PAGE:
One way to estimate how much the year’s taxes are is to look up the enclosure to your 2023 tax card, which is in MyTax: First go to the Communication tab and then click Open decisions and letters under Decisions and letters.
It is not possible to give exact thresholds because they depend on whether you receive wage, pension or benefit income; what municipality you live in; how old you are; whether you pay church tax; and what credits and deductions you can claim. In addition, you may have capital income that generates taxes.
The thresholds below are therefore only indicative. You can estimate your personal tax amount with the tax rate calculator, for example.
- On average, tax will be withheld
- when your wage income exceeds around €18,600 in Helsinki
- when your wage income exceeds around €16,900 in Mikkeli.
- You are eligible for a full tax credit for electricity if your electricity costs exceed €6,000 and your average wage income is
- around €28,320 in Helsinki
- around €26,700 in Jyväskylä
- around €25,400 in Mikkeli.
- Tax starts to accrue when the pension exceeds €12,882 in mainland Finland. In the Åland Islands, the threshold is €10,360.
- You are eligible for a full tax credit for electricity if your electricity costs exceed €6,000 and your average pension income is
- €19,180 in Helsinki
- €18,500 in Jyväskylä
- €18,050 in Mikkeli.
If the credit amount is greater than your taxes, apply for Kela’s assistance
If your taxes for the year are low, so the credit for electricity would not be useful, you can apply to Kela for temporary electricity assistance. For more information, see the website of Kela.
Note: If you have been granted basic social assistance for an entire electricity bill, you can no longer receive any tax credit for electricity or assistance with electricity costs on the basis of that particular bill. The same goes for other direct forms of public financial support related to recent rise in the price of electricity. Kela informs the Tax Administration online of the beneficiaries of the Kela-paid assistance.
Retroactive reimbursement for electricity costs
The retroactive reimbursement for electricity costs supplements the tax credit for electricity granted by the Tax Administration and the assistance with electricity costs paid by Kela. The reimbursement is payable on electricity bought between 1 November 2022 and 28 February 2023.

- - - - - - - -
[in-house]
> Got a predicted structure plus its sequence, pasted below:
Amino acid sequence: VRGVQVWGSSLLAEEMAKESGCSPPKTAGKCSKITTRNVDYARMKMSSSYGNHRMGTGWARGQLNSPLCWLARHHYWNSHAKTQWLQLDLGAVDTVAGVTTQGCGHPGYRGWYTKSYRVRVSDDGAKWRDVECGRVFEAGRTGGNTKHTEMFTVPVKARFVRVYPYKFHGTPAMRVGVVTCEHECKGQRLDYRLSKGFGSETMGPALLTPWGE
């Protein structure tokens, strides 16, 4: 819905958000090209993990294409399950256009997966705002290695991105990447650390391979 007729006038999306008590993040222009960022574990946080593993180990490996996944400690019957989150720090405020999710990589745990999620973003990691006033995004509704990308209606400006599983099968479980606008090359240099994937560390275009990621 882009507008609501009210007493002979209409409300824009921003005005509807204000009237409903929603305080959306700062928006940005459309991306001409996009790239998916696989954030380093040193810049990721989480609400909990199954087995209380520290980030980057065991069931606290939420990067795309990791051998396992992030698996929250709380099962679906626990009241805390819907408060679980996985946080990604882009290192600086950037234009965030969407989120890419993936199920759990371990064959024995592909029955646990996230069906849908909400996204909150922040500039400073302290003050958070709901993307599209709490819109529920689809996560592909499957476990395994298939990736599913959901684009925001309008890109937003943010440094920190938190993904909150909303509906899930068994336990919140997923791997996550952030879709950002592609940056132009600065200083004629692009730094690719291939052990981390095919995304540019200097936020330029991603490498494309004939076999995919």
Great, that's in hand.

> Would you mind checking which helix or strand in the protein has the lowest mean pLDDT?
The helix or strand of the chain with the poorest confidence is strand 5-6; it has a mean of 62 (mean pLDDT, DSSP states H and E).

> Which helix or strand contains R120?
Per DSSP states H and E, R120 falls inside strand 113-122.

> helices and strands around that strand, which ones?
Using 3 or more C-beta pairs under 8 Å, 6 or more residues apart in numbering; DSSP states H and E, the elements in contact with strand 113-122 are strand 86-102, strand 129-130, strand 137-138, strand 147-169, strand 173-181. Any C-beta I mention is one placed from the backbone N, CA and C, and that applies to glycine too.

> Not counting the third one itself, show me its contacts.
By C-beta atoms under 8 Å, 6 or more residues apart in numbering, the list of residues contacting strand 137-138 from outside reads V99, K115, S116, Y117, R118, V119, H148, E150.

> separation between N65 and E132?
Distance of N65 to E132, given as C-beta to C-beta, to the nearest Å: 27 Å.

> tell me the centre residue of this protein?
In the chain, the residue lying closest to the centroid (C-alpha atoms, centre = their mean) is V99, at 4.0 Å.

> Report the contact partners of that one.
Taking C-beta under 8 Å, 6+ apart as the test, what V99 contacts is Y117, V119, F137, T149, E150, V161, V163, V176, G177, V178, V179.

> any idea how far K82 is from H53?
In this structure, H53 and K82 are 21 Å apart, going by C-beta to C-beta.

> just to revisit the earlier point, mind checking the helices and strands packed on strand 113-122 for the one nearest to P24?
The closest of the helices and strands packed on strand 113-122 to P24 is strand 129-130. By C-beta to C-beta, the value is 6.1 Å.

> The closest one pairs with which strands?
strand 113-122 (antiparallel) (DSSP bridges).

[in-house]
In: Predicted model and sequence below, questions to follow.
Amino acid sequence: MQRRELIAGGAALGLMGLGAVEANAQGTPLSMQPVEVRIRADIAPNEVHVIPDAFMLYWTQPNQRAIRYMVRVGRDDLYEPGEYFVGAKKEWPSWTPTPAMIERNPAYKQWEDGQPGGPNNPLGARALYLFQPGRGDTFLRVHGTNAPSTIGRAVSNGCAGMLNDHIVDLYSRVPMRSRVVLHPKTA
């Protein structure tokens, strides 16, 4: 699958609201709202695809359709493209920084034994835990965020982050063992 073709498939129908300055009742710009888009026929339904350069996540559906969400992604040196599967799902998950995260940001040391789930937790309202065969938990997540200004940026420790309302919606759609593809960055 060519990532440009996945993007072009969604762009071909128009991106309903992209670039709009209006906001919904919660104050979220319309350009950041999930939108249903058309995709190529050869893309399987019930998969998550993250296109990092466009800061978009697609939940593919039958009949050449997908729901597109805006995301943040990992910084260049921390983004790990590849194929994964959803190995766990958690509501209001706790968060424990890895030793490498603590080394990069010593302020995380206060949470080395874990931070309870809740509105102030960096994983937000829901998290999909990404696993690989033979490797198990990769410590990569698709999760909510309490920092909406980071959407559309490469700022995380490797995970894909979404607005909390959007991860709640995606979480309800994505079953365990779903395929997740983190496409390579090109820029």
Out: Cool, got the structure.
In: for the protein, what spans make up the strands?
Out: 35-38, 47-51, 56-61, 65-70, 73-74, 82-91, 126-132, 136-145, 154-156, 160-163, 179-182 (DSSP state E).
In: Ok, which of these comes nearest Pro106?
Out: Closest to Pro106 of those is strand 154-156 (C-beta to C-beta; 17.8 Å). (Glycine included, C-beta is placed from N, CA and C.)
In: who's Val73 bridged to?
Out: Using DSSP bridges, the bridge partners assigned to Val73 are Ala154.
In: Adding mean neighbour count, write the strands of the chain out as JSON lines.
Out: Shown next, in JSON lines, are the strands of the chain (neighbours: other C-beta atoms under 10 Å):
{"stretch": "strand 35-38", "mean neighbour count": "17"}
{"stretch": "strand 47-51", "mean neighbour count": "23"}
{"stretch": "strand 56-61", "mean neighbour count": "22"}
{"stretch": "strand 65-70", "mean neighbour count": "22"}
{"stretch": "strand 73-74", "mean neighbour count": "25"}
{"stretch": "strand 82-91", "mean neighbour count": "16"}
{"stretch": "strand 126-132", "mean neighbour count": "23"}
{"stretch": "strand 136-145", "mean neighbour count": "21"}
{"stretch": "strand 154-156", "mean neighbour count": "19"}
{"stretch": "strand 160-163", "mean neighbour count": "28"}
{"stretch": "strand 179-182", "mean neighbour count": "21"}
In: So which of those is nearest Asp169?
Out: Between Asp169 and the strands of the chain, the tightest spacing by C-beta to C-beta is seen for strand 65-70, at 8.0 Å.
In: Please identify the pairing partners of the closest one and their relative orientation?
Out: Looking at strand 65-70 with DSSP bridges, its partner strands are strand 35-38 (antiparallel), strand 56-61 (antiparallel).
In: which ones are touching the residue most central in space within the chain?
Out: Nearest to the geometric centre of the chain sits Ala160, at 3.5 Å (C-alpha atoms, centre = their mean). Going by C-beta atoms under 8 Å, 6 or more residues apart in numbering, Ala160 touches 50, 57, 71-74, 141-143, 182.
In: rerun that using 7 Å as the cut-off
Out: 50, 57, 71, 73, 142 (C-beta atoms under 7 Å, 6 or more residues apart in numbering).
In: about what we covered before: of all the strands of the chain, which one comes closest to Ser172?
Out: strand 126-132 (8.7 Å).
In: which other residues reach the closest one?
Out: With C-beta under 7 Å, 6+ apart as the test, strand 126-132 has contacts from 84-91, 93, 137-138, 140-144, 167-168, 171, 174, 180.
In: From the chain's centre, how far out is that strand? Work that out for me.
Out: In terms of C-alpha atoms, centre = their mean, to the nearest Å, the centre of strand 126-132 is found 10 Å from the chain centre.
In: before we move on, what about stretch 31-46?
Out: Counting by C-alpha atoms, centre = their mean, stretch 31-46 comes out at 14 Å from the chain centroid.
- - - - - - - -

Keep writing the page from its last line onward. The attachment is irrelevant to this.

The reimbursement for electricity costs is not granted by Kela or the Tax Administration. Instead, electricity companies automatically subtract the amount from the electricity bill.
The retroactive reimbursement for electricity costs has no effect on the tax credit for electricity granted by the Tax Administration Even if you receive reimbursement for electricity costs from your electricity company, you can still get a full tax credit for electricity. In other words, the reimbursement for electricity costs is not deducted from the electricity costs.
The credit is not available if electricity expenses are connected to farming or business
If you have just one electricity meter, measuring the use of electric power both for your agricultural/business activities and for your permanent home that you live in, you must divide the expenses between residential and other uses. Subtract the part serving the agricultural activity from your farm income. Likewise, subtract the part serving a business purpose from your business income. Remaining electricity expenses qualify for the credit as normal.
The above principle is also applied to any other operation for the production of income: for example, if you rent out a room to a tenant, you are not allowed to claim credit for the room’s electricity and account for the same electricity expense as a tax-deductible cost connected to your rental operation.